Unfortunately, OpenBSD also doesn't come with sssd or MIT Kerberos. This means you'll have to rely on Heimdal Kerberos for authentication and YP LDAP for identity. There is a guide that covers this at:

Setting up Kerberos[edit | edit source]

Setup Heimdal

# pkg_add heimdal heimdal-libs login_krb5

Tweak your PATH to include the Heimdal binaries. PATH=$PATH:/usr/local/heimdal/bin.

Edit /etc/rc.conf.local to include shlib_dirs=/usr/local/heimdal/lib

Edit /etc/heimdall/krb5.conf with your krb5 confs. I ripped this off from my Linux clients and it looks like this:

# See krb5.conf(5) and the heimdal info(1) page for more information.

        # local realm(s)
        default_realm = HOME.STEAMR.COM

    kdc =
    master_kdc =
    admin_server =
    kpasswd_server =
    default_domain =
    # pkinit_anchors = FILE:/var/lib/ipa-client/pki/kdc-ca-bundle.pem
    # pkinit_pool = FILE:/var/lib/ipa-client/pki/ca-bundle.pem


        # default salt string
        default_keys = v5

        # log to syslog(3)
        kdc = SYSLOG:INFO:DAEMON
        kpasswdd = SYSLOG:INFO:AUTH
        default = SYSLOG:INFO:DAEMON

At this point, kinit should now work. You should be able to get a ticket as a user.

# kinit leo
leo@HOME.STEAMR.COM's Password:

# klist
Credentials cache: FILE:/tmp/krb5cc_0
        Principal: leo@HOME.STEAMR.COM

  Issued                Expires               Principal
Apr 26 22:08:35 2022  Apr 27 21:09:39 2022  krbtgt/HOME.STEAMR.COM@HOME.STEAMR.COM

Set up the OpenBSD server to use Kerberos as an authentication mechanism. Edit /etc/login.conf and add :auth=-krb5-or-pwd:\ above tc=auth-defaults:\ . At this point, you should be able to authenticate as a user using your FreeIPA password, provided that the account exists on the local machine.

YP LDAP uses a host keytab file for some reason (this isn't required when using sssd on Linux). Without the host keytab file, you'll see this error in /var/log/authlog whenever someone tries to login: openbsd -krb5-or-pwd: verify: keytab /etc/heimdal/krb5.keytab open failed: No such file or directory. The host keytab file will need to be generated from the FreeIPA server and transferred over to the OpenBSD host under /etc/heimdal/krb5.keytab.

  • On the FreeIPA server, add the host via web UI
  • On FreeIPA server, run ipa-getkeytab -s -p host/ -k output.keytab. If you want to do this manually, use kadmin: kadmin -p admin. Then get the keytab file by running ktadd -k /tmp/output.keytab  host/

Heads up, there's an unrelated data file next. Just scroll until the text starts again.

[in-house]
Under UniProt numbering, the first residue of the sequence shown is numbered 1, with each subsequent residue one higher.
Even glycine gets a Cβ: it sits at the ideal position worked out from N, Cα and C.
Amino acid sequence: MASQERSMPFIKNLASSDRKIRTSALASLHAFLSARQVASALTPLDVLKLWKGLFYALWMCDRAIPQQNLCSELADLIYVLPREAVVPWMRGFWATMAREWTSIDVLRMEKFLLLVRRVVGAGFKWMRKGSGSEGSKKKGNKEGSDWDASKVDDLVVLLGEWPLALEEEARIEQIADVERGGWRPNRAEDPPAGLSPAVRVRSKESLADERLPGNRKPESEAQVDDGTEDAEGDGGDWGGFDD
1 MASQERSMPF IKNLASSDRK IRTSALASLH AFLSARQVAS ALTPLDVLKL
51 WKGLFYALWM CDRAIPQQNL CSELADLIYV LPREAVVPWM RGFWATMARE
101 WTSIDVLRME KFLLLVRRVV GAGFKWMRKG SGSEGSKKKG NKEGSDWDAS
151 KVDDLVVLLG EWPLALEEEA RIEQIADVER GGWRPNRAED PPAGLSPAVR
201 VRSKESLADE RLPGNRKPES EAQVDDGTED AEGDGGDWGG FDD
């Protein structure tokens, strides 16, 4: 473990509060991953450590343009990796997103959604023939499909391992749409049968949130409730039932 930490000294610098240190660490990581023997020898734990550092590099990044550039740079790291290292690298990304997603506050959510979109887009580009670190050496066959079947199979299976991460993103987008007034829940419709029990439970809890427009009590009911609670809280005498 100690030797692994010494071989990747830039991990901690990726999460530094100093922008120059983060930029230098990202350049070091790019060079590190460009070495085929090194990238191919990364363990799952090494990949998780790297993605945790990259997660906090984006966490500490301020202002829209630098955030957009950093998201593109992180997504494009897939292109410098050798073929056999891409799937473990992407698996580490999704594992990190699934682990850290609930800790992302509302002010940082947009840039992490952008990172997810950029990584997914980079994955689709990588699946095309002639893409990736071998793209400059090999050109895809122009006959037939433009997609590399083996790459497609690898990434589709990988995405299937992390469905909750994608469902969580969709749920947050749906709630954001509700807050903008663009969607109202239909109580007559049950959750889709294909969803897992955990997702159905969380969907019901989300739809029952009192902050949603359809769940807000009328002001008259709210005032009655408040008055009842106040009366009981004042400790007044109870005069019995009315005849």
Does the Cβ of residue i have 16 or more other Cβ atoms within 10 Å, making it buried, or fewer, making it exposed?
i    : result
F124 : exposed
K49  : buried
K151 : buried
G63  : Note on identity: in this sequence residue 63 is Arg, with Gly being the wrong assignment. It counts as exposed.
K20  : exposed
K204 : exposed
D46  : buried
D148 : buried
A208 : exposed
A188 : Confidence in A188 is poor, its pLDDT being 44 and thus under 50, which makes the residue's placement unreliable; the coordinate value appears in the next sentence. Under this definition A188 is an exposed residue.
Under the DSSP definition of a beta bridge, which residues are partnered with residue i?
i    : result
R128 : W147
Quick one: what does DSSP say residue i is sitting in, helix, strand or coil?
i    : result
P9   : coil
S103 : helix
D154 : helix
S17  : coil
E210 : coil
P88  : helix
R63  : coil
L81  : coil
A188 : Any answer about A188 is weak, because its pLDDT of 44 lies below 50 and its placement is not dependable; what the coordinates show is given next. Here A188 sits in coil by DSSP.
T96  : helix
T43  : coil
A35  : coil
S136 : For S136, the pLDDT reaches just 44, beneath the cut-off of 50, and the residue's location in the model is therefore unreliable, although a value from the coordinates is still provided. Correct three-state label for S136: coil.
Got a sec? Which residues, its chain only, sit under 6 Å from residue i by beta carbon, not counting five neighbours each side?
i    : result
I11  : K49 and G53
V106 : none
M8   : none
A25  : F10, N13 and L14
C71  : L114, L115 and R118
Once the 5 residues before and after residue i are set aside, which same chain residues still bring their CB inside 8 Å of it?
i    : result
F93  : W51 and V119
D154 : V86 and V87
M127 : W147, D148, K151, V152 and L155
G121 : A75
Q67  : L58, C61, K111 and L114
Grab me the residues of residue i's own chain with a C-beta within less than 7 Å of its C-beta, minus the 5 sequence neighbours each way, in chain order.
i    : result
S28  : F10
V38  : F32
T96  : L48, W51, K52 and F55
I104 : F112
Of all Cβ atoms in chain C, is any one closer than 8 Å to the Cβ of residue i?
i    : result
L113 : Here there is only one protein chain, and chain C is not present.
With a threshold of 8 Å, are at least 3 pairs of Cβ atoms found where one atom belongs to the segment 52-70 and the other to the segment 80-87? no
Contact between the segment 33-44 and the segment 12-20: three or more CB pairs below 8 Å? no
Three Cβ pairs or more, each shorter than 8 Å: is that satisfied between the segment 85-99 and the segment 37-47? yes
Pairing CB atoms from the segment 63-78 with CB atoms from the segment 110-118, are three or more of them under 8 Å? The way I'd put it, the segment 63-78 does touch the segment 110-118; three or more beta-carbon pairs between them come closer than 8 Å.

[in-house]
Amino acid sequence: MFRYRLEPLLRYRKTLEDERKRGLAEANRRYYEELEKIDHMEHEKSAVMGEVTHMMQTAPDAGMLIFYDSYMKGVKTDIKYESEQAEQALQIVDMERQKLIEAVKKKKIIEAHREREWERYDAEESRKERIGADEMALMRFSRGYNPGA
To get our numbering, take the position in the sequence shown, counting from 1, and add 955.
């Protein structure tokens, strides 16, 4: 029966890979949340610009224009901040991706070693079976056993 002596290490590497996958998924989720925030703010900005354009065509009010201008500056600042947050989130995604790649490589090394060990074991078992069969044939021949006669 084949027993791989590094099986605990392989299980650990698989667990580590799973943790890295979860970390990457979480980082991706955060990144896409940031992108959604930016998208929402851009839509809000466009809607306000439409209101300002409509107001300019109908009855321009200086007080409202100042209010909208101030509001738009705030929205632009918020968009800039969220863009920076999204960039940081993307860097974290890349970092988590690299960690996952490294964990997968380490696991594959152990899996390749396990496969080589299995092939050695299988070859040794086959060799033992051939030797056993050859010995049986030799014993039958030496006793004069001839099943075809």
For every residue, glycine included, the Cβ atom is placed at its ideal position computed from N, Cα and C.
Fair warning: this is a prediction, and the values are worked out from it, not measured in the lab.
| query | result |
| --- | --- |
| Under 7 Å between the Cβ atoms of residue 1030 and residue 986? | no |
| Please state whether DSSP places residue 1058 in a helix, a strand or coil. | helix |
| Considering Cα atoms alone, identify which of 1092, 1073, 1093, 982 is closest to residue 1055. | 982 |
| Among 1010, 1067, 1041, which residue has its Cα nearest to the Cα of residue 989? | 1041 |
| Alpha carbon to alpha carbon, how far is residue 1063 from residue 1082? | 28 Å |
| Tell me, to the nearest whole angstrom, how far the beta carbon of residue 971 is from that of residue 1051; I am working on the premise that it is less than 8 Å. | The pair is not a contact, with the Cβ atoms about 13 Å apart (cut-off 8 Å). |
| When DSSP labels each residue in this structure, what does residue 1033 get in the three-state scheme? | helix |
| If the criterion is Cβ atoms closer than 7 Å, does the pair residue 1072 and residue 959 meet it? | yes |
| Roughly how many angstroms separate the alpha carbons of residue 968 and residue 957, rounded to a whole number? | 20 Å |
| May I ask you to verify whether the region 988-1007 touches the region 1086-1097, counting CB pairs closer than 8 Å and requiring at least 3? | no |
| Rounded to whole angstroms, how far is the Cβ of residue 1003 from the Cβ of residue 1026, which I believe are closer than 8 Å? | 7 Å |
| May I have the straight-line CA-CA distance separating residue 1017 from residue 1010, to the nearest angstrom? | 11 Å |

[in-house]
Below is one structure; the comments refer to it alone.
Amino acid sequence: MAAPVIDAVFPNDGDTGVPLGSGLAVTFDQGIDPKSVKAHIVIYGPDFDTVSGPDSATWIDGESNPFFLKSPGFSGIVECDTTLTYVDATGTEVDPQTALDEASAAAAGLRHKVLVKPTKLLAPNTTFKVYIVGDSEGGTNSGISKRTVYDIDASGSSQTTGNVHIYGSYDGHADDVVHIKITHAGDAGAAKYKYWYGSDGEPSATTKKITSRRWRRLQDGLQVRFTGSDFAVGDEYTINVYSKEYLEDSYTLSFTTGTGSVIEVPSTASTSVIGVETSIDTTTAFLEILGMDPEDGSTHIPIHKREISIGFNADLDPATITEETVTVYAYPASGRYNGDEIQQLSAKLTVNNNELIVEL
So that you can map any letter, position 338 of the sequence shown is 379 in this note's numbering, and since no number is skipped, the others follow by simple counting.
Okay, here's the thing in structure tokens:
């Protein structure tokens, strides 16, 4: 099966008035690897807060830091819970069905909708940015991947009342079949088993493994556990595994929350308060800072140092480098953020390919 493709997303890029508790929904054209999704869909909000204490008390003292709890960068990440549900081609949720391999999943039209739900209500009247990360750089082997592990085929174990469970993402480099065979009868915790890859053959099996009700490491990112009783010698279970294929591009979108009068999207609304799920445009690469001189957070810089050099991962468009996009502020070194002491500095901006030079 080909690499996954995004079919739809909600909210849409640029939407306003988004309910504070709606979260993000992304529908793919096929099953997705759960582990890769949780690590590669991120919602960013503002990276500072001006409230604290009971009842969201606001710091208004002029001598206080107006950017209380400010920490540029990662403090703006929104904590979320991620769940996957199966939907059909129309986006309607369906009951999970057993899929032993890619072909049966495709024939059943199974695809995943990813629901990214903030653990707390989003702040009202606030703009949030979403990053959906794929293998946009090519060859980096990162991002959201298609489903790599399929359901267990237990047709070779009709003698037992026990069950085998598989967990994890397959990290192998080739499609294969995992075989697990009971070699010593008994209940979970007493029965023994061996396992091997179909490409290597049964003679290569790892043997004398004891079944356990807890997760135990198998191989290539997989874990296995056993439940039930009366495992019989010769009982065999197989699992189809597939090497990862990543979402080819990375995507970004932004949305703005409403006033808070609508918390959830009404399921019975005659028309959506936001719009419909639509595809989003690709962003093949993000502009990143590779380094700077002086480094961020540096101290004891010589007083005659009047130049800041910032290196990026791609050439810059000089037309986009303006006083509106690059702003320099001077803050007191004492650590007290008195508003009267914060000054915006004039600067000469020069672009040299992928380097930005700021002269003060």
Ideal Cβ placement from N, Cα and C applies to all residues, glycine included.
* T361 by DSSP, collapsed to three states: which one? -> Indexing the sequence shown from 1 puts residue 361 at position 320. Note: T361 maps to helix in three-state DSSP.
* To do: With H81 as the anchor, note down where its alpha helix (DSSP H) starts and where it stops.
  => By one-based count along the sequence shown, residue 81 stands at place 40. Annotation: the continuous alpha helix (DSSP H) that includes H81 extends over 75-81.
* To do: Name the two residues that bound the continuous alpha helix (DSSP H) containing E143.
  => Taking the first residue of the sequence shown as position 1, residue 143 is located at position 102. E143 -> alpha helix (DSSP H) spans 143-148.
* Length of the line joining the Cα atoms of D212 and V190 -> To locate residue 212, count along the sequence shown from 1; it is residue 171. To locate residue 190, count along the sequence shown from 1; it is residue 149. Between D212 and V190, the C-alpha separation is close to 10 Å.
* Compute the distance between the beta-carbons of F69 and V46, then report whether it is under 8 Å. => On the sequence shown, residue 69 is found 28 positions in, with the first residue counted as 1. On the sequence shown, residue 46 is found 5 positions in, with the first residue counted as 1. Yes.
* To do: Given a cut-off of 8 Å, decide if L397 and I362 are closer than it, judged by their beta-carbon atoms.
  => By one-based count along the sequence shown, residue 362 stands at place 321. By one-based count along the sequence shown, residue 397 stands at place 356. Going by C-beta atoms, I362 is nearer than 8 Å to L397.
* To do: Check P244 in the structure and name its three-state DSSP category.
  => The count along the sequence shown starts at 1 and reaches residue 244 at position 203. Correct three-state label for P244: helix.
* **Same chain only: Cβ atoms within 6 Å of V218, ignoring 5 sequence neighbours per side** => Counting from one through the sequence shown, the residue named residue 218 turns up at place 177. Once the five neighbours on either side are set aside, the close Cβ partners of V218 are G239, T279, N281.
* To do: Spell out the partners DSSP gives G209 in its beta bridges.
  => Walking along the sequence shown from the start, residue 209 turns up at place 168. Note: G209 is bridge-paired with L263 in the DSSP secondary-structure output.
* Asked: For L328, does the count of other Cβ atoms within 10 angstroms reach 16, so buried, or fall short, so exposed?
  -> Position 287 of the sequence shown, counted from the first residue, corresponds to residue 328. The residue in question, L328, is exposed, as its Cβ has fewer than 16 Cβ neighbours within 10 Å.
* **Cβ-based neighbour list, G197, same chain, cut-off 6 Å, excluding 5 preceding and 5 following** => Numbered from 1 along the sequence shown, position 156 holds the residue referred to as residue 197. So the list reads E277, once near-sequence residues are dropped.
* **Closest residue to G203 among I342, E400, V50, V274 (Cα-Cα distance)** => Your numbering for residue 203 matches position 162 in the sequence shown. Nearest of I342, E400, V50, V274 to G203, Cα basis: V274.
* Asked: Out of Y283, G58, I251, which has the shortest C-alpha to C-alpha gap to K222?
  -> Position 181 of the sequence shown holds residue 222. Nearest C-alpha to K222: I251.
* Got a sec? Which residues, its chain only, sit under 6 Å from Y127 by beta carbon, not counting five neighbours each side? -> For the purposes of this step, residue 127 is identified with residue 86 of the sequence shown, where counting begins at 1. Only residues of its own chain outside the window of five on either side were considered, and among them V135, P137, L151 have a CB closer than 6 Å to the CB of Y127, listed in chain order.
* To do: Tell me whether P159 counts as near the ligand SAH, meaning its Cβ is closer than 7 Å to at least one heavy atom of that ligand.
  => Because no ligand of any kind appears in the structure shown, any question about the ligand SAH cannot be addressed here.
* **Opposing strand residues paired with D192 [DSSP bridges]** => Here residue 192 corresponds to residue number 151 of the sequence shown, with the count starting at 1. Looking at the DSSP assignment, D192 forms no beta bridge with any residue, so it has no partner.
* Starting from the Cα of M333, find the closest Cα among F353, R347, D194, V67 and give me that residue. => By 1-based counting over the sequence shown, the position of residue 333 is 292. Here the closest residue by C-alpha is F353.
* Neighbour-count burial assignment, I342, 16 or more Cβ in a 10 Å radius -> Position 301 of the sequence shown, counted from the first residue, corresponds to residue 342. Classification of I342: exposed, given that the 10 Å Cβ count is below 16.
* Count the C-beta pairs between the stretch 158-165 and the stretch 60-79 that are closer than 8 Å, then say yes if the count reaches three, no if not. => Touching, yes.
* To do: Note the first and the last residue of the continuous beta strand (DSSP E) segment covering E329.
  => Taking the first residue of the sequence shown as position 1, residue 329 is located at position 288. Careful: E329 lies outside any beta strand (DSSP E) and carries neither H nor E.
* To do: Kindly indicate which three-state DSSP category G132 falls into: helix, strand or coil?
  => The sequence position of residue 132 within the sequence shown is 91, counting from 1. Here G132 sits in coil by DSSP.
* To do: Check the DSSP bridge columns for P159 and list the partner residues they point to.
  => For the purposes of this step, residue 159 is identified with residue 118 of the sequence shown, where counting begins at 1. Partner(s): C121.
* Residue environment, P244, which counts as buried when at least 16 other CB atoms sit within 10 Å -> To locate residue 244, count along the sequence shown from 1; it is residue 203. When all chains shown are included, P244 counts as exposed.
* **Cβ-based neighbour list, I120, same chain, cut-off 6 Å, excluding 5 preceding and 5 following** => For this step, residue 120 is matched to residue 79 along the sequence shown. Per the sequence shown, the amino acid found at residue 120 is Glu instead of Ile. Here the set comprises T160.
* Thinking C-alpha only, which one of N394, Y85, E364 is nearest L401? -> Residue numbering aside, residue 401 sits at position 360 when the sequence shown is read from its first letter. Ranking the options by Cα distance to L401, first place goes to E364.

• Copy that keytab file into the openbsd server at /etc/heimdal/krb5.keytab
  • chown root:wheel /etc/heimdal/krb5.keytab and chmod 600 /etc/heimdal/krb5.keytab

LDAP[edit | edit source]

At this point, you could just manage the user accounts locally and call it a day. If you want to make your users and groups appear using LDAP, you'll need to set up YP LDAP by doing the following:

# cp /etc/examples/ypldap.conf /etc/ypldap.conf

Edit the ypldap.conf file and change the directory to point to your FreeIPA server and define a bind account. It should look something like this:

# $OpenBSD: ypldap.conf,v 1.1 2014/07/11 21:20:10 deraadt Exp $

domain          ""
interval        60
provide map     "passwd.byname"
provide map     "passwd.byuid"
provide map     "group.byname"
provide map     "group.bygid"
provide map     "netid.byname"

directory "" {
        # directory options
        binddn "uid=admin,cn=users,cn=accounts,dc=home,dc=steamr,dc=com"
        bindcred "***************"
        basedn "cn=compat,dc=home,dc=steamr,dc=com"
        # starting point for groups directory search, default to basedn
        #groupdn "ou=Groups,dc=example,dc=com"

        # passwd maps configuration (RFC 2307 posixAccount object class)
        passwd filter "(objectClass=posixAccount)"

        attribute name maps to "uid"
        fixed attribute passwd "*"
        attribute uid maps to "uidNumber"
        attribute gid maps to "gidNumber"
        attribute gecos maps to "cn"
        attribute home maps to "homeDirectory"
        attribute shell maps to "loginShell"
        fixed attribute change "0"
        fixed attribute expire "0"
        fixed attribute class ""

        # group maps configuration (RFC 2307 posixGroup object class)
        group filter "(objectClass=posixGroup)"

        attribute groupname maps to "cn"
        fixed attribute grouppasswd "*"
        attribute groupgid maps to "gidNumber"
        # memberUid returns multiple group members
        list groupmembers maps to "memberUid"

You'll need to set up the YP LDAP client to point to ourselves. We then need to set up portmap which is required by YP LDAP client as it needs to make RPC calls to the server.

# echo > /etc/defaultdomain
# domainname
# mkdir /etc/yp
# echo > /etc/yp/
# rcctl enable portmap
# rcctl start portmap

Enable YP by tweaking the master passwd file to include YP maps and update the passwd file with pwd_mkdb. Enable YP mapping to the group file.

# echo '+:*::::::::' >> /etc/master.passwd
# pwd_mkdb -p /etc/master.passwd
# echo '+:*::' >> /etc/group

Start the YP server and binding.

# rcctl enable ypldap
# rcctl start ypldap
# rcctl enable ypbind
# rcctl start ypbind

At this point, you should be seeing the ypldap server and client running.

# ps aux | grep yp
_ypldap  27707  0.0  0.1   860  1864 ??  Sp     11:19PM    0:00.09 ypldap: parent (ypldap)
_ypldap  80759  0.0  0.1   908  1856 ??  Spc    11:19PM    0:00.04 ypldap: ldap client (ypldap)
_ypldap  56692  0.0  0.1   824  1740 ??  Sp     11:19PM    0:00.02 ypldap: dns engine (ypldap)

Mounting NFS[edit | edit source]

When trying to mount an export, I kept on getting this:

# mount -t nfs dnas:/nas/home /mnt
NFS Portmap: RPC: Program not registered

Portmap seems to be working:

# rpcinfo -p dnas
   program vers proto   port
    100000    4   tcp    111  portmapper
    100000    3   tcp    111  portmapper
    100000    2   tcp    111  portmapper
    100000    4   udp    111  portmapper
    100000    3   udp    111  portmapper
    100000    2   udp    111  portmapper
    100005    1   udp  20048  mountd
    100005    1   tcp  20048  mountd
    100005    2   udp  20048  mountd
    100005    2   tcp  20048  mountd
    100005    3   udp  20048  mountd
    100005    3   tcp  20048  mountd
    100024    1   udp  45652  status
    100024    1   tcp  60213  status
    100003    3   tcp   2049  nfs
    100003    4   tcp   2049  nfs
    100227    3   tcp   2049
    100021    1   udp  60560  nlockmgr
    100021    3   udp  60560  nlockmgr
    100021    4   udp  60560  nlockmgr
    100021    1   tcp  44643  nlockmgr
    100021    3   tcp  44643  nlockmgr
    100021    4   tcp  44643  nlockmgr

The 'fix' was to force TCP as an option.

# mount -t nfs -o tcp dnas:/nas/home /mnt
## or
# mount_nfs -T dnas:/nas/home /mnt

Add this to /etc/fstab to make it mount on startup:

dnas:/nas/home /home nfs rw,tcp,nodev,nosuid 0 0